Bruins

Krug's tough start dooms Bruins in Nashville

Krug's tough start dooms Bruins in Nashville

NASHVILLE – There were mistakes early and mistakes late in the Bruins' frenetic 5-3 loss to the Nashville Predators on Monday night, but it was the early gaffes that spotted the Preds a four-goal lead that ultimately crushed the Black and Gold. 

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Torey Krug has been better as of late after finishing November as a point-per-game player with an even plus/minus rating, but his first-period difficulties vs. Nashville were impossible to ignore.

Krug couldn’t do enough to neutralize Craig Smith crashing for a juicy Anton Khudobin rebound in the opening minutes. Krug then left his position to assist triple-teaming puck carrier Kevin Fiala before a wide-open Smith scored again for Nashville’s second score. It could have been even worse after a Krug turnover deep in the D-zone turned into a breakaway chance for Kyle Turris, but Khudobin was able to make the stop on that one in the first period.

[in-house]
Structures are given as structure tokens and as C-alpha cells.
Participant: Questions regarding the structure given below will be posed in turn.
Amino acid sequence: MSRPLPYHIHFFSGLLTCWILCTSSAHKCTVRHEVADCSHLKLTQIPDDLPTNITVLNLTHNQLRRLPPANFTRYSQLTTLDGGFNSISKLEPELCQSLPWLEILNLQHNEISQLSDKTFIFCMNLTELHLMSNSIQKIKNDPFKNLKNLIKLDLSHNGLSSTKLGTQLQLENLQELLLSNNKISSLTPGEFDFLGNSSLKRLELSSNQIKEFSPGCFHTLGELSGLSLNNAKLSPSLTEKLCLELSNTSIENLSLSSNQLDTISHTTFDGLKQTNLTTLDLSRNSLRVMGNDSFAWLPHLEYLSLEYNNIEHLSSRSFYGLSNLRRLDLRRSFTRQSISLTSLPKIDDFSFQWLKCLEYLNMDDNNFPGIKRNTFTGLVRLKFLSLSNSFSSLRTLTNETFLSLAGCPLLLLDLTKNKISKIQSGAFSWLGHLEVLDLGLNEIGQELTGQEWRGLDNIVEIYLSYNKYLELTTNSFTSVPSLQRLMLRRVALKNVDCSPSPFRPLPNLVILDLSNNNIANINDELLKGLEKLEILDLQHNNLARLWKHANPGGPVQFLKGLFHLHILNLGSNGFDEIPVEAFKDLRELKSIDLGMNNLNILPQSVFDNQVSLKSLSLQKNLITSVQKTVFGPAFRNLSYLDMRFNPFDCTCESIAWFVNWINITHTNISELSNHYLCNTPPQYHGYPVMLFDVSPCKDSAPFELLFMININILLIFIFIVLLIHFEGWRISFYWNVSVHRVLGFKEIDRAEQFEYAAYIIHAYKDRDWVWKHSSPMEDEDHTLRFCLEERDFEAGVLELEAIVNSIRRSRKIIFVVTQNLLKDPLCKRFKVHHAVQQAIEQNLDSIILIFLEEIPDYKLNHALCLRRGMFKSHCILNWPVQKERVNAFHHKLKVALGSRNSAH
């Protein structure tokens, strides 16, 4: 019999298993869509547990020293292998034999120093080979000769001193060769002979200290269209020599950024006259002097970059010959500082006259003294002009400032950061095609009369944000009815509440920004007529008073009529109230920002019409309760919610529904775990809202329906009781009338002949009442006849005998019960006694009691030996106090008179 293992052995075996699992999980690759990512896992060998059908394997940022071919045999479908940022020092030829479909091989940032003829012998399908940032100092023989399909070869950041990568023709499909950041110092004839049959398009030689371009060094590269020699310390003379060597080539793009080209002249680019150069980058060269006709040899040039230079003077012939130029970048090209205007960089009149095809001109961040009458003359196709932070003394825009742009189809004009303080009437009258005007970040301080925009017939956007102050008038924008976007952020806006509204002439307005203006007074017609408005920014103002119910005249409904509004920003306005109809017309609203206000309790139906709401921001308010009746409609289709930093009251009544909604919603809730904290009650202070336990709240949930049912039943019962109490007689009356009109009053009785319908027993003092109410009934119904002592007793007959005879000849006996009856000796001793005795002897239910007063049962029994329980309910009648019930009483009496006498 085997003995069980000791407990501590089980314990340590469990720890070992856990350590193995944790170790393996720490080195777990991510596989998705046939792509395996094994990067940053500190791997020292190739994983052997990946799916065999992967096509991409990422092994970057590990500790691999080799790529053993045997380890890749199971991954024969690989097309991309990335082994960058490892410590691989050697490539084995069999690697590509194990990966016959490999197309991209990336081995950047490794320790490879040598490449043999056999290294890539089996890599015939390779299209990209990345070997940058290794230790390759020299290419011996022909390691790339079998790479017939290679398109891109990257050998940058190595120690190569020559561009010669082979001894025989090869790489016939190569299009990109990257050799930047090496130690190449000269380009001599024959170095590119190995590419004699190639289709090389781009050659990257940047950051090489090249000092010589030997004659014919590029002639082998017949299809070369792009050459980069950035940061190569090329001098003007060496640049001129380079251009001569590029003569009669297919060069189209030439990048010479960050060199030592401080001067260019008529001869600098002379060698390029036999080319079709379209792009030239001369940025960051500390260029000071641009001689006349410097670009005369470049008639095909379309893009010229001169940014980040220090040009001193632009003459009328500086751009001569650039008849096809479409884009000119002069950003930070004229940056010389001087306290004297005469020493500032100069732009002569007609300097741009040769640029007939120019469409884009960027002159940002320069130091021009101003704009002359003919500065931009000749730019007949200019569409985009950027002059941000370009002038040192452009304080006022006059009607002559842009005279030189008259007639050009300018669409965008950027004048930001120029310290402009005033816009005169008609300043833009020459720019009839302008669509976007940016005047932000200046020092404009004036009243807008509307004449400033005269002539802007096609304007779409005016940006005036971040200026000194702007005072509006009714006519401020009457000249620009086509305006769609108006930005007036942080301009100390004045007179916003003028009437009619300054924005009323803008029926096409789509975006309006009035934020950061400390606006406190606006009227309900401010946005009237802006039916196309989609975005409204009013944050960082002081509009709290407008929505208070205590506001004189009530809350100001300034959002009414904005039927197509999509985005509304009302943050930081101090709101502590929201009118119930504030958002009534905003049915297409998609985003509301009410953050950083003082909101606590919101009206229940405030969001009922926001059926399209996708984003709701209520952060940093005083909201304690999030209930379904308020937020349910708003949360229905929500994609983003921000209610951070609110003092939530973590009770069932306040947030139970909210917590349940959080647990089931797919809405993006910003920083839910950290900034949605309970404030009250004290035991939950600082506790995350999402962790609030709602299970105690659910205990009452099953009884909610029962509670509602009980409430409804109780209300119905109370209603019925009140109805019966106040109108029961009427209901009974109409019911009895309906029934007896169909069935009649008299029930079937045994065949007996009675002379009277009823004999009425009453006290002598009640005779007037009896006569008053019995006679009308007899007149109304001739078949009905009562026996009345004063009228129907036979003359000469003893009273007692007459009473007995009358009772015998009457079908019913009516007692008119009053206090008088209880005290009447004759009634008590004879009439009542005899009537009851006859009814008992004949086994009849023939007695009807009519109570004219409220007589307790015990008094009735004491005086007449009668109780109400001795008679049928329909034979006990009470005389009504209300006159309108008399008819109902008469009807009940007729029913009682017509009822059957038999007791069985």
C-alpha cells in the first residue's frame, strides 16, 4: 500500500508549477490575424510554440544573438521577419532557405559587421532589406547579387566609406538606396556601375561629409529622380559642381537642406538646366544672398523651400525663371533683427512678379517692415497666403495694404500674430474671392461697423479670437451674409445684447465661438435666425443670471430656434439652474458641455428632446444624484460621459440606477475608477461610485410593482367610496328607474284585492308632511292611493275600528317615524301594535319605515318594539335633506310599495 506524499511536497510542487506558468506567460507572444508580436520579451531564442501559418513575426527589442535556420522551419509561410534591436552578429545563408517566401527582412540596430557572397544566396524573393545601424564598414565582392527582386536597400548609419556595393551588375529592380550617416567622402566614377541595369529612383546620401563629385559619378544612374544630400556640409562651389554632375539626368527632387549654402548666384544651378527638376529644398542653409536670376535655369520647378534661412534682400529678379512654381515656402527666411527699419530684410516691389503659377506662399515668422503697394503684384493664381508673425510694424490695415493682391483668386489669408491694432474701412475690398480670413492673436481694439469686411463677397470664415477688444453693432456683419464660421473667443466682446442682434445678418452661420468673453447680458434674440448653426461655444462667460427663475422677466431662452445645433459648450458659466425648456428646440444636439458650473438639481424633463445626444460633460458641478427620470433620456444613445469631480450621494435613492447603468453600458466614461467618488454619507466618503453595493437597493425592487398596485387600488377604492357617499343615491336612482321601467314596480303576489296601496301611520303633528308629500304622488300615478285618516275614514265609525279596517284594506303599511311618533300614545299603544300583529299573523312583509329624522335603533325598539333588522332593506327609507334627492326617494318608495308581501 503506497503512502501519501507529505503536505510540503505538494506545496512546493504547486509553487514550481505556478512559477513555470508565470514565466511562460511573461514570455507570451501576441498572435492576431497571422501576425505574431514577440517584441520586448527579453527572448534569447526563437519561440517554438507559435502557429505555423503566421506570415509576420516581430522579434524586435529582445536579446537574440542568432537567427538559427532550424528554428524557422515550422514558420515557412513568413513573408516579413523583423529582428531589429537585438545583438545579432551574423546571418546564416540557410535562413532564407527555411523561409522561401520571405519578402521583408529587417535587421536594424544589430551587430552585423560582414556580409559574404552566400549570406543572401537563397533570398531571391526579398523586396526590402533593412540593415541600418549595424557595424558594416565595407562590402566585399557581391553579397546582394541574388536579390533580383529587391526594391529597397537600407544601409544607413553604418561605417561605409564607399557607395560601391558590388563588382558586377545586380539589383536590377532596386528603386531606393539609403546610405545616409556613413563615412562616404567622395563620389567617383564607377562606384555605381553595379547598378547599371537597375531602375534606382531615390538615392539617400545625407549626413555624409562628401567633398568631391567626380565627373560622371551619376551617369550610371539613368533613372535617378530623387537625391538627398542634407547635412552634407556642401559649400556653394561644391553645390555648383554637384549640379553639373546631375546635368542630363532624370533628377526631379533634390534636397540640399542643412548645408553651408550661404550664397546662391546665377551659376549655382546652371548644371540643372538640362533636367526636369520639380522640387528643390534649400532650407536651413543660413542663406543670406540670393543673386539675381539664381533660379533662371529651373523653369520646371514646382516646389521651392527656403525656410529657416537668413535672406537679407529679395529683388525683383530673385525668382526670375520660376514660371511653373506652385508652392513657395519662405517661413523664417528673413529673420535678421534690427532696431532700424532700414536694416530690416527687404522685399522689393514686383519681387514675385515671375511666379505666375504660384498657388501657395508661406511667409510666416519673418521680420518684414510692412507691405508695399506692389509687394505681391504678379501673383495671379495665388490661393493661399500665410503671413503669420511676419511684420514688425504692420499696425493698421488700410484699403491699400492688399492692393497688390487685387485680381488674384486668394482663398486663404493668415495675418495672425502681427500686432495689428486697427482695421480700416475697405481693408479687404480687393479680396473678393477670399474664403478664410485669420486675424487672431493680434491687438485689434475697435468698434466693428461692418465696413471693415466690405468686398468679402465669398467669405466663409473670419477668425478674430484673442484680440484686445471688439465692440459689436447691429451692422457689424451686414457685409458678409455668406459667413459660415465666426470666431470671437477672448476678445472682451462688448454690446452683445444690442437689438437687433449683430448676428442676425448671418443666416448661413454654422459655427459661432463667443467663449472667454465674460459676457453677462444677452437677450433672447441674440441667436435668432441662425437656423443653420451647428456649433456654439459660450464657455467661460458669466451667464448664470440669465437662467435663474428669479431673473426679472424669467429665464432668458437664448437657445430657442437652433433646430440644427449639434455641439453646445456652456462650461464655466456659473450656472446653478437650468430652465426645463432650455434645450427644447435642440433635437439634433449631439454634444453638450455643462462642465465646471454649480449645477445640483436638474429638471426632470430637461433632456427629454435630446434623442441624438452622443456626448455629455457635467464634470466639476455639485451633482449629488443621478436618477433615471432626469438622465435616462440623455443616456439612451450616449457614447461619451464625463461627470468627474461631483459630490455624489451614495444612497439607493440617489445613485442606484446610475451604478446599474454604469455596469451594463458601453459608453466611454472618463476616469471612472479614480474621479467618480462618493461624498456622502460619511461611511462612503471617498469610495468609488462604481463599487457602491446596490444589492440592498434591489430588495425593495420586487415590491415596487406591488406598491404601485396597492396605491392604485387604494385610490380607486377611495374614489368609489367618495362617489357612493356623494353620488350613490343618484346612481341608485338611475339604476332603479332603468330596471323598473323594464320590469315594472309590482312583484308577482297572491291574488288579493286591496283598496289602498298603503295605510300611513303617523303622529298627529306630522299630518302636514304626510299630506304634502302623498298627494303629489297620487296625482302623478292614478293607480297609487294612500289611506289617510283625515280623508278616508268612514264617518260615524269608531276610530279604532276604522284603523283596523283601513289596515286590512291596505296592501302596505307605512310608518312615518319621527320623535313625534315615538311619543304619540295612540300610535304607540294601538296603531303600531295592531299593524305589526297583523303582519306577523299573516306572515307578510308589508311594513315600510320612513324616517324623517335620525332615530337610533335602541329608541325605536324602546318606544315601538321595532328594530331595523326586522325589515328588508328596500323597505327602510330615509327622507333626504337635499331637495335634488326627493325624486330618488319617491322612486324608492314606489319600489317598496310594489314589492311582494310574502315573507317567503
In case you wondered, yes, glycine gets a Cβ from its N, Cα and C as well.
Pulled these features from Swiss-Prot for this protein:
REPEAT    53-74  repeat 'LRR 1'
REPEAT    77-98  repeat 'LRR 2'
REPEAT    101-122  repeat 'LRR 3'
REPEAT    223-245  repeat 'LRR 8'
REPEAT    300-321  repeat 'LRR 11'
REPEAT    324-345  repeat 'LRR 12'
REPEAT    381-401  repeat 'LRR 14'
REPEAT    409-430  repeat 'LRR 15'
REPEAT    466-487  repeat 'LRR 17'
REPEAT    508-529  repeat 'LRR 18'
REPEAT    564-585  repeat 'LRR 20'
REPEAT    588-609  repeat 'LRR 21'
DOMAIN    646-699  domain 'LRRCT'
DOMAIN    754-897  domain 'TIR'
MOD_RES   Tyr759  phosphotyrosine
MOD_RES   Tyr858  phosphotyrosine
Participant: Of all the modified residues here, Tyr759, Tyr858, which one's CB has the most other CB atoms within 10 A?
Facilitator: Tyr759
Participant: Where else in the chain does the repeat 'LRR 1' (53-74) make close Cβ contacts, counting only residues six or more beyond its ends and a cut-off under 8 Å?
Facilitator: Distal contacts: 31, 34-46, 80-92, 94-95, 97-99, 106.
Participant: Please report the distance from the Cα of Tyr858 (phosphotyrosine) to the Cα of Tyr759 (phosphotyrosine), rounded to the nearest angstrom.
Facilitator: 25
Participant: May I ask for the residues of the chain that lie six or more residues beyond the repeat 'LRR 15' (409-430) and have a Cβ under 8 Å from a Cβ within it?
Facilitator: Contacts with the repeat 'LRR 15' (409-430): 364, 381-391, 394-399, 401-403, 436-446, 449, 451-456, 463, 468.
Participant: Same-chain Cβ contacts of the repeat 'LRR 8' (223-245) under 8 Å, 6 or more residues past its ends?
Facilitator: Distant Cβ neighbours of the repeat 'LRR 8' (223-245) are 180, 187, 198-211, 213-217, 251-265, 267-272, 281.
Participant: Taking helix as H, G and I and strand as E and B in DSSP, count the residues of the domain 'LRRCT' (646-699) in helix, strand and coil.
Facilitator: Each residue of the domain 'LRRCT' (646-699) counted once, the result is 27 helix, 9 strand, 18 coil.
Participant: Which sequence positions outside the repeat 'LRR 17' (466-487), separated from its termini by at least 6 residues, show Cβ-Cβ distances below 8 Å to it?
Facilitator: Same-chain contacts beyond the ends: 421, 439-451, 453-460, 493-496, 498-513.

Krug was a minus-2 after the opening period while alternating between trying to do too much or not enough in the D-zone and the Bruins were deep in a hole - a position that hasn’t portended good things for them this season.

“That’s what good teams do. [The Predators] capitalized on our mistakes. They made mistakes too, but we didn’t capitalize on enough of them,” said Krug, who is a team-worst minus-9 this season. That largely stems from the first month of the season while he played through a fractured jaw. “We take a lot of pride in battling back in situations like that. It’s about that and making sure that we have the starts that we usually, consistently have. We’d found a way to fix that part of our game, and maybe we need to go back and take a look at it before it slips away again.”